Tuesday, August 31, 2010

Straight climb up to La Plagne

Tuesday 31st August

Straight climb up to La Plagne. Legs still a bit tired from Saturday's tough race so no heroics today. Still, it's always a hard steep climb so good training. Would perhaps have been better with an extra day's rest so as to get a more powerful workout tomorrow.

Moved the saddle up about 4mm and the difference was major. It seems that there is a sweet zone where tiny saddle height adjustments make qualitative differences. At first I thought it might be too high again but later decided that it was probably perfect. The extra height means that there is not such a build up of pressure late on the down stroke (forcing the pedal down at the bottom of the stroke would be a total waste of energy). The feeling is that just before the bottom of the stroke the lessened force makes it easier for the pedal to move backwards - it feels very "round" as a stroke. The "pulling back of the foot to scrape mud off" motion seems to actually happened to you. Next thing is that it is easier to pull up because the leg and foot feel more naturally extended and less cramped at the start of the pull. Combining the pull and push with opposite legs forces the bike to remain very stable. If you shift weight from side to side to get more pressure on the pedals for the down strokes, then you lose the pull up. The pull up feels much more powerful and effective as an option. There is also an engagement of the lower abdomen when the pull is used and it feels quite strong and effective. The ankle can extend on the lower part  of the stroke to use the calf muscle more and engage the quads when they are probably most effective. The first part of the down stroke seems better with the ankle flexing - allowing the glutes and hamstrings to contribute more. This "Ankling" is really to be able to access all the muscle groups in the legs when most appropriate. Very little of all the above could be felt when the saddle was a few millimeters lower.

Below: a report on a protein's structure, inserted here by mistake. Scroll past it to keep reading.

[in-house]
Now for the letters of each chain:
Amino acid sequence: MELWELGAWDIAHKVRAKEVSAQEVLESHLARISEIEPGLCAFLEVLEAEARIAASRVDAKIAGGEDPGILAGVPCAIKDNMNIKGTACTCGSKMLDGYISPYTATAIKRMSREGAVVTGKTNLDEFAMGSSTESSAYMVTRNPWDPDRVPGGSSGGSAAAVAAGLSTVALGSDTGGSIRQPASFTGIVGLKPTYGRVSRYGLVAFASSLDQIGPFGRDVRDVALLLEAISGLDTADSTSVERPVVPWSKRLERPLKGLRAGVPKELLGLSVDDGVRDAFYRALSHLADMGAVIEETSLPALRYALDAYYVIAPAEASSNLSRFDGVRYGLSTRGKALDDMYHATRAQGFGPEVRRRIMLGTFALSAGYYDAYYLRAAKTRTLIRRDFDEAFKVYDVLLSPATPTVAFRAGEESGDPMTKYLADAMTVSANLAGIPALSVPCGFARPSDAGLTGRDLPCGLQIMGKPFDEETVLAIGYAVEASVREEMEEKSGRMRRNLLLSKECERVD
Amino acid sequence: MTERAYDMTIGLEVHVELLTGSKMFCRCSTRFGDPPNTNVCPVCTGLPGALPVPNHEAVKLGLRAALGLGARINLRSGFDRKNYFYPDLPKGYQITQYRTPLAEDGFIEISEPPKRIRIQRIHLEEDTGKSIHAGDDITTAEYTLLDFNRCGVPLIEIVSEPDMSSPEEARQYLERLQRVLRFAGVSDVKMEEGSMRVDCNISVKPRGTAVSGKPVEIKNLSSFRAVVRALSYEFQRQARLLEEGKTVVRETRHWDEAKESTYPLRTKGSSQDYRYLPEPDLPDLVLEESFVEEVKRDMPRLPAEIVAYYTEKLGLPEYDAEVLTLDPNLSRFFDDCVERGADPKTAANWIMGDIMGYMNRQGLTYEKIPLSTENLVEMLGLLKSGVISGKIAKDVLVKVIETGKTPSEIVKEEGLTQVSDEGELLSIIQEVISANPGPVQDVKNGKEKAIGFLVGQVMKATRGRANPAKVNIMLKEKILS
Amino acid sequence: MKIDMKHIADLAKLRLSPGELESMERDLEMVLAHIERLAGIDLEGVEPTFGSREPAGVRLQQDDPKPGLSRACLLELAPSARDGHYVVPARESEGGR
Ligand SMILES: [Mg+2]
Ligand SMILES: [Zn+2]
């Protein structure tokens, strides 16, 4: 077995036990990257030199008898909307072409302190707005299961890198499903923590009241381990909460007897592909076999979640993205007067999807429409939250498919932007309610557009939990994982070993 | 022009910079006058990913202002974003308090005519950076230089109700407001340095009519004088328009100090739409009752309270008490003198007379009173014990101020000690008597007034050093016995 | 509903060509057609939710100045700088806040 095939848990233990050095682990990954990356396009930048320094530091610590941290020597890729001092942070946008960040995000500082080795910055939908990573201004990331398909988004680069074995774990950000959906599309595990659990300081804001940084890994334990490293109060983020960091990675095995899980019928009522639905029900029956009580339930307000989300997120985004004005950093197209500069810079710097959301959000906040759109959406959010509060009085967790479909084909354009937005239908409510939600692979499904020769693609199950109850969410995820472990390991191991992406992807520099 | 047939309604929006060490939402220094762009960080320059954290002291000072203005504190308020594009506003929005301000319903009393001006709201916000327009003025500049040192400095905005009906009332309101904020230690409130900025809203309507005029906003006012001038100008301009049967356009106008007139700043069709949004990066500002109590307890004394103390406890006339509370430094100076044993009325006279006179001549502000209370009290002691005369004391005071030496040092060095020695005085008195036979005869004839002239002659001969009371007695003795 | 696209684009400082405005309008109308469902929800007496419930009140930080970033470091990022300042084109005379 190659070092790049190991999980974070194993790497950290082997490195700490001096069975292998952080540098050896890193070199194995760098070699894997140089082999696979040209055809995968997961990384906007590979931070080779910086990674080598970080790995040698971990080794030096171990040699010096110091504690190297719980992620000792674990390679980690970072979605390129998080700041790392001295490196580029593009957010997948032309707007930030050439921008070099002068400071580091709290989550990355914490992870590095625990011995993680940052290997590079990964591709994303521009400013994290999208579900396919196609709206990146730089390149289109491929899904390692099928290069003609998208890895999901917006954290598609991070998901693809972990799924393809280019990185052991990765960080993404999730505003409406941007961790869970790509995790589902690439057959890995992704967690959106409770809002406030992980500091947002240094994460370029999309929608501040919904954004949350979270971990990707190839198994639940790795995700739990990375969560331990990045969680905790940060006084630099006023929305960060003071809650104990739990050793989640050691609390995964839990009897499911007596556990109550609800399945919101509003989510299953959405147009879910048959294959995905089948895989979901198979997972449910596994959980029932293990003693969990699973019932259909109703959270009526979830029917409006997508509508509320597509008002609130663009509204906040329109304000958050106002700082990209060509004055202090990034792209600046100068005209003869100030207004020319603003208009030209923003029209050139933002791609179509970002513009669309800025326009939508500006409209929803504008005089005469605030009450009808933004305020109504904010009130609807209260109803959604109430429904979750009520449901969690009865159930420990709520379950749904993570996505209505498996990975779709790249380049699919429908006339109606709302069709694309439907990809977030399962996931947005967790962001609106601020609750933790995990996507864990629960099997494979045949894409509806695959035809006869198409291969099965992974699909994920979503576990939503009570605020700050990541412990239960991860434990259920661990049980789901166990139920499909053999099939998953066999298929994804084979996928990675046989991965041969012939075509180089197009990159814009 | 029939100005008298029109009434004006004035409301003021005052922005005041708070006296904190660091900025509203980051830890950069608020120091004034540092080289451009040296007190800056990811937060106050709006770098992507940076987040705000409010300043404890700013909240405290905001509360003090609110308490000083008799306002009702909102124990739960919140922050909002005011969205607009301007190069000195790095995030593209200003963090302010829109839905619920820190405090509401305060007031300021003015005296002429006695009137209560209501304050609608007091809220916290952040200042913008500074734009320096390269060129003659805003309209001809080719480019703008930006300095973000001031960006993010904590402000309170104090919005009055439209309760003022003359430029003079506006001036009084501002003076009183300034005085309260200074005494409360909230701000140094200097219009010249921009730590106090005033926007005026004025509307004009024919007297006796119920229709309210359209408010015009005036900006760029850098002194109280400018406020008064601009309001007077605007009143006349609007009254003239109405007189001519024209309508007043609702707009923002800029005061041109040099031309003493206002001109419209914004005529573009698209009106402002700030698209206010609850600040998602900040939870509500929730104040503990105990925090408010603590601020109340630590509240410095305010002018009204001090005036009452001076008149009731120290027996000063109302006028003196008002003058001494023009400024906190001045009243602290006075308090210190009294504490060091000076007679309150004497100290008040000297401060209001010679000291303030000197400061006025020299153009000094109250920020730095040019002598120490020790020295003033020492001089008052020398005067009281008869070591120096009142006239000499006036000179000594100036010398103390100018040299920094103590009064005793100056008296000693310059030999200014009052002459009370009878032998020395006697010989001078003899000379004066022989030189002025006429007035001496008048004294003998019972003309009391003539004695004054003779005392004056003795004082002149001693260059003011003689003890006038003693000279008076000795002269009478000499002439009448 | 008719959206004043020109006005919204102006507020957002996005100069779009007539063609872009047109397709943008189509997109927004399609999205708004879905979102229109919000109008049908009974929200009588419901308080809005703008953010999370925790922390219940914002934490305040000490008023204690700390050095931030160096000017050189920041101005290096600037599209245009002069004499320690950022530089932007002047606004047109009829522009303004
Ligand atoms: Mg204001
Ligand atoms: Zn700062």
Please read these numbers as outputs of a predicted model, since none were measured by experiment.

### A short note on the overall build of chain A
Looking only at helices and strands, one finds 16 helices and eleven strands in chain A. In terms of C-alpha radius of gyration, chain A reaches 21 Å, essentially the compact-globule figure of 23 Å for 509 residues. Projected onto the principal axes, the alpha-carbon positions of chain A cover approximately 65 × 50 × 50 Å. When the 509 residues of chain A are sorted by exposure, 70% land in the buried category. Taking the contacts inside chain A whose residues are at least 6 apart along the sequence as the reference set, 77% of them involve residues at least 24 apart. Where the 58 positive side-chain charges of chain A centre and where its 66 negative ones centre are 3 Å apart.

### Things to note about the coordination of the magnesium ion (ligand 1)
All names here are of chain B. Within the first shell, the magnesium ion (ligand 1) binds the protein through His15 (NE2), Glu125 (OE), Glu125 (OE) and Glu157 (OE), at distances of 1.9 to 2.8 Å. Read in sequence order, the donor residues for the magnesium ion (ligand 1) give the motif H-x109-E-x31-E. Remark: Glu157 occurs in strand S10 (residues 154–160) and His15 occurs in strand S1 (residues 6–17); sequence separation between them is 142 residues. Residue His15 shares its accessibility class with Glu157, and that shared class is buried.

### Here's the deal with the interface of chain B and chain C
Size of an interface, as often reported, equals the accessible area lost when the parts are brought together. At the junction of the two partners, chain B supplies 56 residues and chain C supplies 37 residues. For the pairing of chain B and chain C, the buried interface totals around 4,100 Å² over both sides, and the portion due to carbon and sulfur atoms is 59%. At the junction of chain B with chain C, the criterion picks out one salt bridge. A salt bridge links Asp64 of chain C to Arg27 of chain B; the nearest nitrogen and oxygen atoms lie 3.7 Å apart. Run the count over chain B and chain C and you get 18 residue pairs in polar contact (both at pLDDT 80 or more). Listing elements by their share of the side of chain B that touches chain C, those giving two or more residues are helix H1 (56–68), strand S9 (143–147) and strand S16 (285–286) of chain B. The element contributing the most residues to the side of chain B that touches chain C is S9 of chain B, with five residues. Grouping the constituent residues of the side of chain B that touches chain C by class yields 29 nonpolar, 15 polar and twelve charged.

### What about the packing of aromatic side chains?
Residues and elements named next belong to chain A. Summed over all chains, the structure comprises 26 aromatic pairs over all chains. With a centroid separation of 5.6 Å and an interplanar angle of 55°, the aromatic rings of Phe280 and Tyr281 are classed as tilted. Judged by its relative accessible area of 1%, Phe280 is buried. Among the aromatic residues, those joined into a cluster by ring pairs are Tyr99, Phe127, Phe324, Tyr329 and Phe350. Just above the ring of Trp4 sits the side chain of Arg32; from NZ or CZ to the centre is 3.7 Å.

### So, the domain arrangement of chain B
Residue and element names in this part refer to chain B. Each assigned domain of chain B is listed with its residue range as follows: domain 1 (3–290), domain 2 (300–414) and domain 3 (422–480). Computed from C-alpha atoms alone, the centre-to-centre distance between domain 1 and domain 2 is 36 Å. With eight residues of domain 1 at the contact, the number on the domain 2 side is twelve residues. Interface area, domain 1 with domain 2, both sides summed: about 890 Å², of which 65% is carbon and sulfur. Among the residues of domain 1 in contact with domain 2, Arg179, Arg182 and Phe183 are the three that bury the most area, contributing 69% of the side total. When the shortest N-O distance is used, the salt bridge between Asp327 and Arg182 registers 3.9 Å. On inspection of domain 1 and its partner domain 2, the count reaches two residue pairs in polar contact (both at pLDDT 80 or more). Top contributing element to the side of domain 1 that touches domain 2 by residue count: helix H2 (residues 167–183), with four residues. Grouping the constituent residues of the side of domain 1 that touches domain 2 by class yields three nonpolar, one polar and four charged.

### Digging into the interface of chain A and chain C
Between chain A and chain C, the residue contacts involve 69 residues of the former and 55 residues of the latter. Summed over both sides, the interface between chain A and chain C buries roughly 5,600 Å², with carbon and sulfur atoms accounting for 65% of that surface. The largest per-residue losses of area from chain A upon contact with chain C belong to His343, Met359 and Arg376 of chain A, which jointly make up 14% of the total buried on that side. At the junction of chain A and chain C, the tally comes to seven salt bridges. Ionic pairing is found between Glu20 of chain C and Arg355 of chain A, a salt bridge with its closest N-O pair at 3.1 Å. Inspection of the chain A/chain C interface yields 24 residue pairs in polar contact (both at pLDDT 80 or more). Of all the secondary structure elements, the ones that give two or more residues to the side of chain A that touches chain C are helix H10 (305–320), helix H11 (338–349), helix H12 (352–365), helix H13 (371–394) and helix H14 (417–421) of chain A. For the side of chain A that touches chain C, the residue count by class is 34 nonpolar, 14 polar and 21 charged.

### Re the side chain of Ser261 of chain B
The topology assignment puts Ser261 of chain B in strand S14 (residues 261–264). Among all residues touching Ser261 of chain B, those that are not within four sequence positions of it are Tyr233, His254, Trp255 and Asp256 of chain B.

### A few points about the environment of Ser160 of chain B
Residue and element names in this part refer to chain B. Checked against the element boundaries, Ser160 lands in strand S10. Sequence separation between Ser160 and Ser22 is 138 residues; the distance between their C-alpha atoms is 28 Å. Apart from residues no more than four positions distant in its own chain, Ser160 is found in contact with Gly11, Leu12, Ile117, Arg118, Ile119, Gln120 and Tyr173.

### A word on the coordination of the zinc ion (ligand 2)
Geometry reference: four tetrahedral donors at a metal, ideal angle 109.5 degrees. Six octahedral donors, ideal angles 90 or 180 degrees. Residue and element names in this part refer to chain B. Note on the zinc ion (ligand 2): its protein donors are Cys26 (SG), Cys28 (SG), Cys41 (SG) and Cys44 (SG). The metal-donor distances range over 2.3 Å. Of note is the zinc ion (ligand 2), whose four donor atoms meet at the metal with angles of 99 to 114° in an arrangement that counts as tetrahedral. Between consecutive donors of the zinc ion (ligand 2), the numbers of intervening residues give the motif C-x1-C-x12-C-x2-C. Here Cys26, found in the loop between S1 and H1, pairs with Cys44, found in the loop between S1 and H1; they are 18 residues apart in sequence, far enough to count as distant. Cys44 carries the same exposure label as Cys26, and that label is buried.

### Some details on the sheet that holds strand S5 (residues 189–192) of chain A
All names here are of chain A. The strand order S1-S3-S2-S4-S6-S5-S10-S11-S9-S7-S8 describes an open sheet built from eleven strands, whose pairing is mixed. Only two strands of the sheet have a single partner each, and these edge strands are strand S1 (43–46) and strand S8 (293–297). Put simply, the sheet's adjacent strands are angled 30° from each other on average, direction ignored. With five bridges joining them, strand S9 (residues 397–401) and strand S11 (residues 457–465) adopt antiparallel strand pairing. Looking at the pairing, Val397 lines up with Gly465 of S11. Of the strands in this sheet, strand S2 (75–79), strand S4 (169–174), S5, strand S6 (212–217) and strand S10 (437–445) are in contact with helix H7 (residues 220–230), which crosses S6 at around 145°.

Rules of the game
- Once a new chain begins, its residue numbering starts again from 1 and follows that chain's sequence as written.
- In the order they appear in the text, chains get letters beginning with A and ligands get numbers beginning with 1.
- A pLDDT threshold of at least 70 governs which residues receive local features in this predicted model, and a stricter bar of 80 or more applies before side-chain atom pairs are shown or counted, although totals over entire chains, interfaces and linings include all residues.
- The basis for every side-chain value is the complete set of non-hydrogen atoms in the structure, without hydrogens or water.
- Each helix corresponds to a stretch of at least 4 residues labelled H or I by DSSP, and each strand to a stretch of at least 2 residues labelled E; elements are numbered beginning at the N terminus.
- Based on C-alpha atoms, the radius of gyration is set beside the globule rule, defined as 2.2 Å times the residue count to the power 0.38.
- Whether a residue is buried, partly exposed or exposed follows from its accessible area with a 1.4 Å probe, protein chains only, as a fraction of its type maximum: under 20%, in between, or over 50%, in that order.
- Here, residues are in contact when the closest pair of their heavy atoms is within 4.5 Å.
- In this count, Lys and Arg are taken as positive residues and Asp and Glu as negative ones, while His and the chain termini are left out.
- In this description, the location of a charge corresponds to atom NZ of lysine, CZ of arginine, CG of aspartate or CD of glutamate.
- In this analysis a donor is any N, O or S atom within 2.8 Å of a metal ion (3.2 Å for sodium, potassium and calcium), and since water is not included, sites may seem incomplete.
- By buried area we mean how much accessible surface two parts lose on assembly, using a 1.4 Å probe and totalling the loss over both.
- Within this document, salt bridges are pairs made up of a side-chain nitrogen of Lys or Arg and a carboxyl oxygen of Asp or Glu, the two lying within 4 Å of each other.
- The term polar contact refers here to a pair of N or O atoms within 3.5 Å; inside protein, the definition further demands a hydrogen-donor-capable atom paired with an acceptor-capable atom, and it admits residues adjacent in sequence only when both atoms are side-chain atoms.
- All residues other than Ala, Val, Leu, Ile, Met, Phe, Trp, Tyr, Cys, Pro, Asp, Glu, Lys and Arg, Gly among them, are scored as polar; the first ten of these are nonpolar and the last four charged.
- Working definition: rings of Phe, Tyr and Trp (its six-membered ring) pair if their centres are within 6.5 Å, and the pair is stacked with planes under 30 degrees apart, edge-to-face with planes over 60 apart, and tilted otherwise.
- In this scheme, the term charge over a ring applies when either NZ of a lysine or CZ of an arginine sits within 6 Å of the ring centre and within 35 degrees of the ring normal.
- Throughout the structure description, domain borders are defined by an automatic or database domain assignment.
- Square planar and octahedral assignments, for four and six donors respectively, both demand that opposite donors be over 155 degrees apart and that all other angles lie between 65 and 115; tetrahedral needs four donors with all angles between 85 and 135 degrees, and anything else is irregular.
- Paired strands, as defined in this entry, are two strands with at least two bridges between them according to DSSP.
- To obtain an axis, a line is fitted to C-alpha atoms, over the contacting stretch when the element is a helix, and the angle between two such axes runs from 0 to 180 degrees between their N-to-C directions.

This morning my nose was blocked and I didn't feel comfortable breathing though it. It feels like it was blocked by congestion. The Buteyko theory is that it is blocked by pooled venous blood caused by "hypocapnia" - in other words - over breathing. The idea is to reduce breathing with breath control exercises and the blocked nose will clear due to improved blood flow. I felt sceptical but spent some time reducing my breathing and lo and behold it worked. The nose unblocked without blowing it or picking anything out of it (not that I would do such a thing). Later on the entire climb to La Plagne was done with nasal breathing because the nose stayed clear all day. I'm hoping that this will help with recovery (lower lactic acid levels) from the session and permit another longer one tomorrow - or the next day.

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